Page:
Bulletin for the Center... - 10/01/2005 Harry Potter has emerged from the difficult and tragic year of Harry Potter and the Order of the Phoenix (BCCB 9/03) more determined and decidedly less angry, and as rumors of the prophecy revealed in Book Five circulate, the wizarding world wonders if he is indeed the “Chosen One.” While the routines of school life continue—another eccentric new teacher, Professor Slughorn, joins the cast, Harry is named Captain of the Gryffindor Quidditch team (and is adored by legions of new groupies), and romance is in the air (along with a fair bit of snogging)—there is also a dark cloud of danger looming. Harry is sure that Draco Malfoy and Professor Snape are Death Eaters up to no good, and life-threatening mishaps prove that Hogwarts is not immune to peril. Stakes are now higher than ever as deaths and disappearances ravage the wizarding world, and Dumbledore seems at last ready to confide completely in Harry, placing more information and responsibility into his hands. Lord Voldemort’s presence is noticeably absent here (he now uses Occlumency to block Harry’s connection through the lightning scar), although he still wreaks havoc indirectly by way of his minions; much of the action in the book seems to be a build-up to the inevitable confrontation between Harry and Voldemort in the upcoming final volume. Still, under Dumbledore’s tutelage Harry learns much about pre-Voldemort Tom Riddle, knowledge that may become crucial in later battles. Even without a direct confrontation between Voldemort and Harry, this is a gripping and moving read, with all of the elements that have drawn fans to the Harry Potter saga from the beginning—masterfully suspenseful plotting balanced with imagination and humor, vivid and lovable characters, and a belief in the triumph of good. Upon reaching the book’s conclusion, readers will be left breathlessly awaiting the seventh and final book—with plenty of unanswered questions to ponder in the meantime. - Copyright 2005 The Board of Trustees of the University of Illinois.
School Library Journal - 09/01/2005 Gr 5 Up-Opening just a few weeks after the previous book left off, the penultimate entry in the series is, as the author foretold, the darkest and most unsettling yet. The deeds of Voldemort's Death Eaters are spreading even to the Muggle world, which is enshrouded in a mist caused by Dementors draining hope and happiness. Harry, turning 16, leaves for Hogwarts with the promise of private lessons with Dumbledore. No longer a fearful boy living under the stairs, he is clearly a leader and increasingly isolated as rumors spread that he is the "Chosen One," the only individual capable of defeating Voldemort. Two attempts on students' lives, Harry's conviction that Draco Malfoy has become a Death Eater, and Snape's usual slimy behavior add to the increasing tension. Yet through it all, Harry and his friends are typical teens, sharing homework and messy rooms, rushing to classes and sports practices, and flirting. Ron and Hermione realize their attraction, as do Harry and Ginny. Dozens of plot strands are pulled together as the author positions Harry for the final book. Much information is cleverly conveyed through Dumbledore's use of a Pensieve, a device that allows bottled memories to be shared by Harry and his beloved professor as they apparate to various locations that help explain Voldemort's past. The ending is heart wrenching. Once again, Rowling capably blends literature, mythology, folklore, and religion into a delectable stew. This sixth book may be darker and more difficult, but Potter fans will devour it and begin the long and bittersweet wait for the final installment.-Connie Tyrrell Burns, Mahoney Middle School, South Portland, ME Copyright 2005 Reed Business Information. - Copyright 2005 Publishers Weekly, Library Journal and/or School Library Journal used with permission.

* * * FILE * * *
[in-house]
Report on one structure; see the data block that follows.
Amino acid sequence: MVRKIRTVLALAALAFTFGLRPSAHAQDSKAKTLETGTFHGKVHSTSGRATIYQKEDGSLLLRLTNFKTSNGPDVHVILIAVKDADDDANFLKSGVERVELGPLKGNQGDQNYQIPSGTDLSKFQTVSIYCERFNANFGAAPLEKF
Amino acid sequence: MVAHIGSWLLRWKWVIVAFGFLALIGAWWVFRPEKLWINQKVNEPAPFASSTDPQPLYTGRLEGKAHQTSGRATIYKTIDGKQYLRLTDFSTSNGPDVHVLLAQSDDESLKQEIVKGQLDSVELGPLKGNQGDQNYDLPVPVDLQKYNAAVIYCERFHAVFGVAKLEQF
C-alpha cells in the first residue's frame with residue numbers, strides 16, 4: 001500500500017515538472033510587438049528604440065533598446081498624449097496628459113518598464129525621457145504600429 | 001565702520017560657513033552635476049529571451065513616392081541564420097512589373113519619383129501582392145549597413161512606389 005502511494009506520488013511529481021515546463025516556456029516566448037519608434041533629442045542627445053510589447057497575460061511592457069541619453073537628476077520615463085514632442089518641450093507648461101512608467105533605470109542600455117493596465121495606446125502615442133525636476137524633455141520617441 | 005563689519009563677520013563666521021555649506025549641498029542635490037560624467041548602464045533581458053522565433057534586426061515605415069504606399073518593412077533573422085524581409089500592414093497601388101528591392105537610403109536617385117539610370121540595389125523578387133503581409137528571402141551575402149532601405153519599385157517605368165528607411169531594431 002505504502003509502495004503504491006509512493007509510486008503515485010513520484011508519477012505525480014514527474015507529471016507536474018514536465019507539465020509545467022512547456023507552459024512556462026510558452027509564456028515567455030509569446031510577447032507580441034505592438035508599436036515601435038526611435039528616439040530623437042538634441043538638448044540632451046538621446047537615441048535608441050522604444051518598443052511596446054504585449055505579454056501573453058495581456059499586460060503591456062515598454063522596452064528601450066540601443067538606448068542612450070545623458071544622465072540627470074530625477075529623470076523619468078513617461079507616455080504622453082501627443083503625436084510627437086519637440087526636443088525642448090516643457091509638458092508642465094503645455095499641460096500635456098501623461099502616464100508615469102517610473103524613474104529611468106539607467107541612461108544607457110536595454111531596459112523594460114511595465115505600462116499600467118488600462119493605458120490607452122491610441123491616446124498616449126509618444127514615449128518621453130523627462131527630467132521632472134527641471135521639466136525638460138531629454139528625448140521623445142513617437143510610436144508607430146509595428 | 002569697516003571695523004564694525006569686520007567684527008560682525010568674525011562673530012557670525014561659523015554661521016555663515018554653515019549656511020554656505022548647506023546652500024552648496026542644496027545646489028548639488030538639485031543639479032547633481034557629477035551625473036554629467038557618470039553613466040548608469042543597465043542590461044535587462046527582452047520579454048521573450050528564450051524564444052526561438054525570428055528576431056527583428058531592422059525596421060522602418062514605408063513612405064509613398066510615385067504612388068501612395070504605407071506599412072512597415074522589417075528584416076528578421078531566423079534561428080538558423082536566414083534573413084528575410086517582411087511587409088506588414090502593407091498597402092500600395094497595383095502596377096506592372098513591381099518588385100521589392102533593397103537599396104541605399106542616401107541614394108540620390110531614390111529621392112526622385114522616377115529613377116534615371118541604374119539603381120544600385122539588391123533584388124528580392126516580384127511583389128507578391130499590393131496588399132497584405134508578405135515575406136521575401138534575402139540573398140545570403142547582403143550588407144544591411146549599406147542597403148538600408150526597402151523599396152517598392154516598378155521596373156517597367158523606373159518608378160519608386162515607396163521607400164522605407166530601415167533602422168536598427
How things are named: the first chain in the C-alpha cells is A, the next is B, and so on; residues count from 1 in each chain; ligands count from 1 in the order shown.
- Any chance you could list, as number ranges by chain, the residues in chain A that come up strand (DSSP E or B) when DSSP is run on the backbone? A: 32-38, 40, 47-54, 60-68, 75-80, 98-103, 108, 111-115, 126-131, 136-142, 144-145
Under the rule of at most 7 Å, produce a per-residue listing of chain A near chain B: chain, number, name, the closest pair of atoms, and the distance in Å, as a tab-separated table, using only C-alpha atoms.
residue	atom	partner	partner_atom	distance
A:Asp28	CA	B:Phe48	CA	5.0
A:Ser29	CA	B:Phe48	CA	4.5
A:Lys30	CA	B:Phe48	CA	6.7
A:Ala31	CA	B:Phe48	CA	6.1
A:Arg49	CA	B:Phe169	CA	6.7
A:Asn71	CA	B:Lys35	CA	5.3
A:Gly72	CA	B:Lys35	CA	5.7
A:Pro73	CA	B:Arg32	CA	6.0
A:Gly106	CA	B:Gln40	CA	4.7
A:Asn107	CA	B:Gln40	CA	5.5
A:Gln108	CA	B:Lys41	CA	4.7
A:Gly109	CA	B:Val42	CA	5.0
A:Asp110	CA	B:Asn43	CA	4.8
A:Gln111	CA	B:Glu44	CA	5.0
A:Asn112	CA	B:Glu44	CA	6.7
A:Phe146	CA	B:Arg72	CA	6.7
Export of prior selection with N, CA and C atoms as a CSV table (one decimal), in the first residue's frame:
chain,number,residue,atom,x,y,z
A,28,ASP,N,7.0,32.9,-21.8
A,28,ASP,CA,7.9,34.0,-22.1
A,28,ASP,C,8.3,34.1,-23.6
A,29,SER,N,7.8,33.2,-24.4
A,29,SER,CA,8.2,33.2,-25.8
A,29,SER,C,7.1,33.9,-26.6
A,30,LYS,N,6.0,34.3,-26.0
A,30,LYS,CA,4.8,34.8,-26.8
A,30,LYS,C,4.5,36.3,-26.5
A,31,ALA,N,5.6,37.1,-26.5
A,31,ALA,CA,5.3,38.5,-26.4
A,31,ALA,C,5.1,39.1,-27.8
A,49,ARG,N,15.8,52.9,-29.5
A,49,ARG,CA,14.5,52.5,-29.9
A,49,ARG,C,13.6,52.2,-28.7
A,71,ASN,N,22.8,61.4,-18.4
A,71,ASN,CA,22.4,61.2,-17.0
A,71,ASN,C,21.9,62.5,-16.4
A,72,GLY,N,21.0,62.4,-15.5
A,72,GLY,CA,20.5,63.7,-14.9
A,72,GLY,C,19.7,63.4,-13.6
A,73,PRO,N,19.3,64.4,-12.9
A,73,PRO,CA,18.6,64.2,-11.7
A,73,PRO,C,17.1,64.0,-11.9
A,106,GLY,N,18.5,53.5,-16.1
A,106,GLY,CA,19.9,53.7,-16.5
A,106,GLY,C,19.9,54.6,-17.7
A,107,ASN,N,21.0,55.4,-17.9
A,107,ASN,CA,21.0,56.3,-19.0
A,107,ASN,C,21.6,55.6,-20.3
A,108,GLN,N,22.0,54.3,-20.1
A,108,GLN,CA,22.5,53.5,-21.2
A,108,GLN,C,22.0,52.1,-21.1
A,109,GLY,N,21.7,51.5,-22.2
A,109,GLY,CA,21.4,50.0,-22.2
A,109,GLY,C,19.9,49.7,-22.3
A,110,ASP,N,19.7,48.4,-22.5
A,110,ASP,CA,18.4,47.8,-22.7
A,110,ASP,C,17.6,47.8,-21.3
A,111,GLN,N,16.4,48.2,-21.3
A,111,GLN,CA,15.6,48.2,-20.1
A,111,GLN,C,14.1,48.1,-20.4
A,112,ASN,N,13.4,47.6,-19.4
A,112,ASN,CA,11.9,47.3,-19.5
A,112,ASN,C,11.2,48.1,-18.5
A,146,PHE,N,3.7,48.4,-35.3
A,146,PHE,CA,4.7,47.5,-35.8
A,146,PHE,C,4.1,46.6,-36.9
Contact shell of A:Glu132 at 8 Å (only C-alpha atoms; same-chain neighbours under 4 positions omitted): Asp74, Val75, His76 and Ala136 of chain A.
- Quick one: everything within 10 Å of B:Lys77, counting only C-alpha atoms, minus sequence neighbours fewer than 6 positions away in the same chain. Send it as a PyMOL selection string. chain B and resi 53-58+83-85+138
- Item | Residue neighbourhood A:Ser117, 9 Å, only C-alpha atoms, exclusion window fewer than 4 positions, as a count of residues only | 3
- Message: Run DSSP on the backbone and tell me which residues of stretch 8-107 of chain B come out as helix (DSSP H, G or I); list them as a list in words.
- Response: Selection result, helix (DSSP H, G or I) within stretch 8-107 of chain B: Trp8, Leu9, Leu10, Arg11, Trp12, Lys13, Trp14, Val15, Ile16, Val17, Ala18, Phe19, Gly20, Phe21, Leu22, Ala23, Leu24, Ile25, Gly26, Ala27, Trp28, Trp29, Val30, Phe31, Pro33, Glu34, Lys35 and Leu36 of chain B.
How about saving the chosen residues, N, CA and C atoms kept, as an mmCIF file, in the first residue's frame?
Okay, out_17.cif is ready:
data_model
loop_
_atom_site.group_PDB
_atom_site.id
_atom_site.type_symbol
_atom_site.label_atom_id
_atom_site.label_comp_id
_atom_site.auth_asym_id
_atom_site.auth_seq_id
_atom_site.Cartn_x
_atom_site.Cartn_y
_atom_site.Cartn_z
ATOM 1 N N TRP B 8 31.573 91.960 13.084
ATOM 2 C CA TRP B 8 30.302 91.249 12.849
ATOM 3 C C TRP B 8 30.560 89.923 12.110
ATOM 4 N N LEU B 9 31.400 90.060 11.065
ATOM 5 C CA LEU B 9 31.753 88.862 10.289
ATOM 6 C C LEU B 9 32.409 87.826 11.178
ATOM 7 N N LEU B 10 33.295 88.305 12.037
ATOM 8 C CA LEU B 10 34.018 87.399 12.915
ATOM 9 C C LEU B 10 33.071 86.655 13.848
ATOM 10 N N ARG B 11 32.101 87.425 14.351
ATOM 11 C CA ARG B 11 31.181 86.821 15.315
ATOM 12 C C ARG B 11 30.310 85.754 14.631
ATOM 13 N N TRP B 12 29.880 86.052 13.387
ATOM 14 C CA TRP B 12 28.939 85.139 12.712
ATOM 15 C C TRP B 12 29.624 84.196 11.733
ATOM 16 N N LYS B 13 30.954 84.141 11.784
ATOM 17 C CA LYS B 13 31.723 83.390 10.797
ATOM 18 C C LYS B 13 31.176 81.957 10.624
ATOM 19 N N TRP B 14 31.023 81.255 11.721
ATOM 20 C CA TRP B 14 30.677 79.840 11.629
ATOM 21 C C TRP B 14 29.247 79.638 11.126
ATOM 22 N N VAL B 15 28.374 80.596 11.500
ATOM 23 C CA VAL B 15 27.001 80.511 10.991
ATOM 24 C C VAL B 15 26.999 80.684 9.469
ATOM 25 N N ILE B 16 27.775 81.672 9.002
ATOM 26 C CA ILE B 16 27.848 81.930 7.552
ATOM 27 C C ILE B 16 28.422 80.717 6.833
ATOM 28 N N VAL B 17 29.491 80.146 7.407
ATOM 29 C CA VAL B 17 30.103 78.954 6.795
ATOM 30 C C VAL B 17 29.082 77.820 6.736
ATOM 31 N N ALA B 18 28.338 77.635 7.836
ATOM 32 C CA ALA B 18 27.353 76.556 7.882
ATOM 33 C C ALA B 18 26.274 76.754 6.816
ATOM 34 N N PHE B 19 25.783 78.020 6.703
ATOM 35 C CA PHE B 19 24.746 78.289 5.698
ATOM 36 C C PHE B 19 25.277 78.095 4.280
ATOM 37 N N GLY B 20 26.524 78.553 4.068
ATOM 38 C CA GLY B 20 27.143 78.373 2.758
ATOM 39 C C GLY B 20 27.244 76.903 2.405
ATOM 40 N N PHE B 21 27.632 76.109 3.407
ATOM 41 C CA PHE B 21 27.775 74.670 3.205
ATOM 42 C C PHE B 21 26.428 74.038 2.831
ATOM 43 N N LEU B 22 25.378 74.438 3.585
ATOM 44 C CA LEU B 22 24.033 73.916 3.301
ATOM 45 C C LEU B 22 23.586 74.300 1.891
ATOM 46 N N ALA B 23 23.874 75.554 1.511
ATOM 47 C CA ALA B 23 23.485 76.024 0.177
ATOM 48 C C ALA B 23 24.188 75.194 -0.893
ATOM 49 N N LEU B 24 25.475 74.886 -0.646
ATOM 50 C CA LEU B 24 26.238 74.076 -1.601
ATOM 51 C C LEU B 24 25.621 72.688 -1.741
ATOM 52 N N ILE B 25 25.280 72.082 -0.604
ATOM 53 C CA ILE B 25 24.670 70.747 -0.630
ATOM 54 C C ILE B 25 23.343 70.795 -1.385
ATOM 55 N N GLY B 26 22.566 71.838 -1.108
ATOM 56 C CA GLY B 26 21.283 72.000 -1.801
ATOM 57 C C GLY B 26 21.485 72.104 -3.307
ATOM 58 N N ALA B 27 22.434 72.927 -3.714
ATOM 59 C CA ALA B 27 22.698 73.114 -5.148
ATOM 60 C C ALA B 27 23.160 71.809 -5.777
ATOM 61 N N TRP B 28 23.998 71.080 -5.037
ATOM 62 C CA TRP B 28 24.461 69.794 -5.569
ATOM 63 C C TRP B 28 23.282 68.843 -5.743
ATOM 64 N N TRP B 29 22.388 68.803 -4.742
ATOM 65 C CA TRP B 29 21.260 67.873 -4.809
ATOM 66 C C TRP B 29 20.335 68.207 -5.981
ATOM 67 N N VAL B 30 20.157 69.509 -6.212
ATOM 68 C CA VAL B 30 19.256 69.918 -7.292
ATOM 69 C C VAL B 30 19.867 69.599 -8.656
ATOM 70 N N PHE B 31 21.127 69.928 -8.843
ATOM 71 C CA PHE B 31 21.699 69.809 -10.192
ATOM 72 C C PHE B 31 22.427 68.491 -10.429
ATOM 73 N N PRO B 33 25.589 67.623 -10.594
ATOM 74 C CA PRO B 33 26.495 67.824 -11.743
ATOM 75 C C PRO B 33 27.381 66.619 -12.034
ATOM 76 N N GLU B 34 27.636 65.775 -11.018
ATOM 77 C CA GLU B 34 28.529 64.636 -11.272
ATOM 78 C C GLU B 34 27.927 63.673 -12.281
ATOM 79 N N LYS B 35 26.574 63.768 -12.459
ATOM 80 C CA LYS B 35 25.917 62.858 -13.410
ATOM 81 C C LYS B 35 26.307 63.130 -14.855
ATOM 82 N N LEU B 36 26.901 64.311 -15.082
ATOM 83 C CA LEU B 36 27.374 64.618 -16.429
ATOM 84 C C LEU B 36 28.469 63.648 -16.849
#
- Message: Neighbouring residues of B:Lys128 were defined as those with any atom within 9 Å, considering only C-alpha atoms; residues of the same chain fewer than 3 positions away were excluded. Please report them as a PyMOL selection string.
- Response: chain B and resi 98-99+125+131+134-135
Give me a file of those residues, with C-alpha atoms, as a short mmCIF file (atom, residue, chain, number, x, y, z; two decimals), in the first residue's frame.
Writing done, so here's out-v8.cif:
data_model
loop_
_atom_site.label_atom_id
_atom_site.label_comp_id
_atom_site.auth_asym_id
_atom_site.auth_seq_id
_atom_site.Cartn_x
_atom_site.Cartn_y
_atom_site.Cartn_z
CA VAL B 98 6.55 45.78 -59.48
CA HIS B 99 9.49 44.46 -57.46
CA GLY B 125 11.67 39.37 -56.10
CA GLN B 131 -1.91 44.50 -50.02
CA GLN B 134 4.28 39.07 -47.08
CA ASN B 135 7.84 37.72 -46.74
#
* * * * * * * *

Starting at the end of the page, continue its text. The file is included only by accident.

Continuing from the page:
Booklist - 08/01/2005 *Starred Review* With the Harry Potter Express chugging closer to its final destination, the sixth book in the series gets down to business. No more diversions about the welfare of house elves or the intricacies of Quidditch. This penultimate offering is more about tying up loose ends and fleshing out the backstory. Harry and the gang are back at Hogwarts, but the mood is grim. The wizard community is now fully aware that evil has returned, and the citizenry is afraid. Harry has been left bereft by the death of Sirius Black, and there are more killings to come. In a powerful early scene, readers learn that a pivotal figure is seemingly not to be trusted, yet throughout there are hints that he or she is a double agent. Later Harry becomes entangled with a former student known as the Half-Blood Prince, having accidentally acquired the prince’s Potions textbook, but this turns out to be a mixed blessing. Rowling also devotes time to a carefully crafted telling of the story of Lord Voldemort’s early life, which Harry and Dumbledore piece together by plucking other people’s memories. Rowling is at the top of her game here. For those able to reach just beyond the engrossing tale, there is commentary relevant to today: how governments offer false security about perilous situations and how being in a constant state of war affects people’s behavior. Harry is almost 17 now, and this is a book for older readers, who will best understand the moral implications of his choices. - Copyright 2005 Booklist.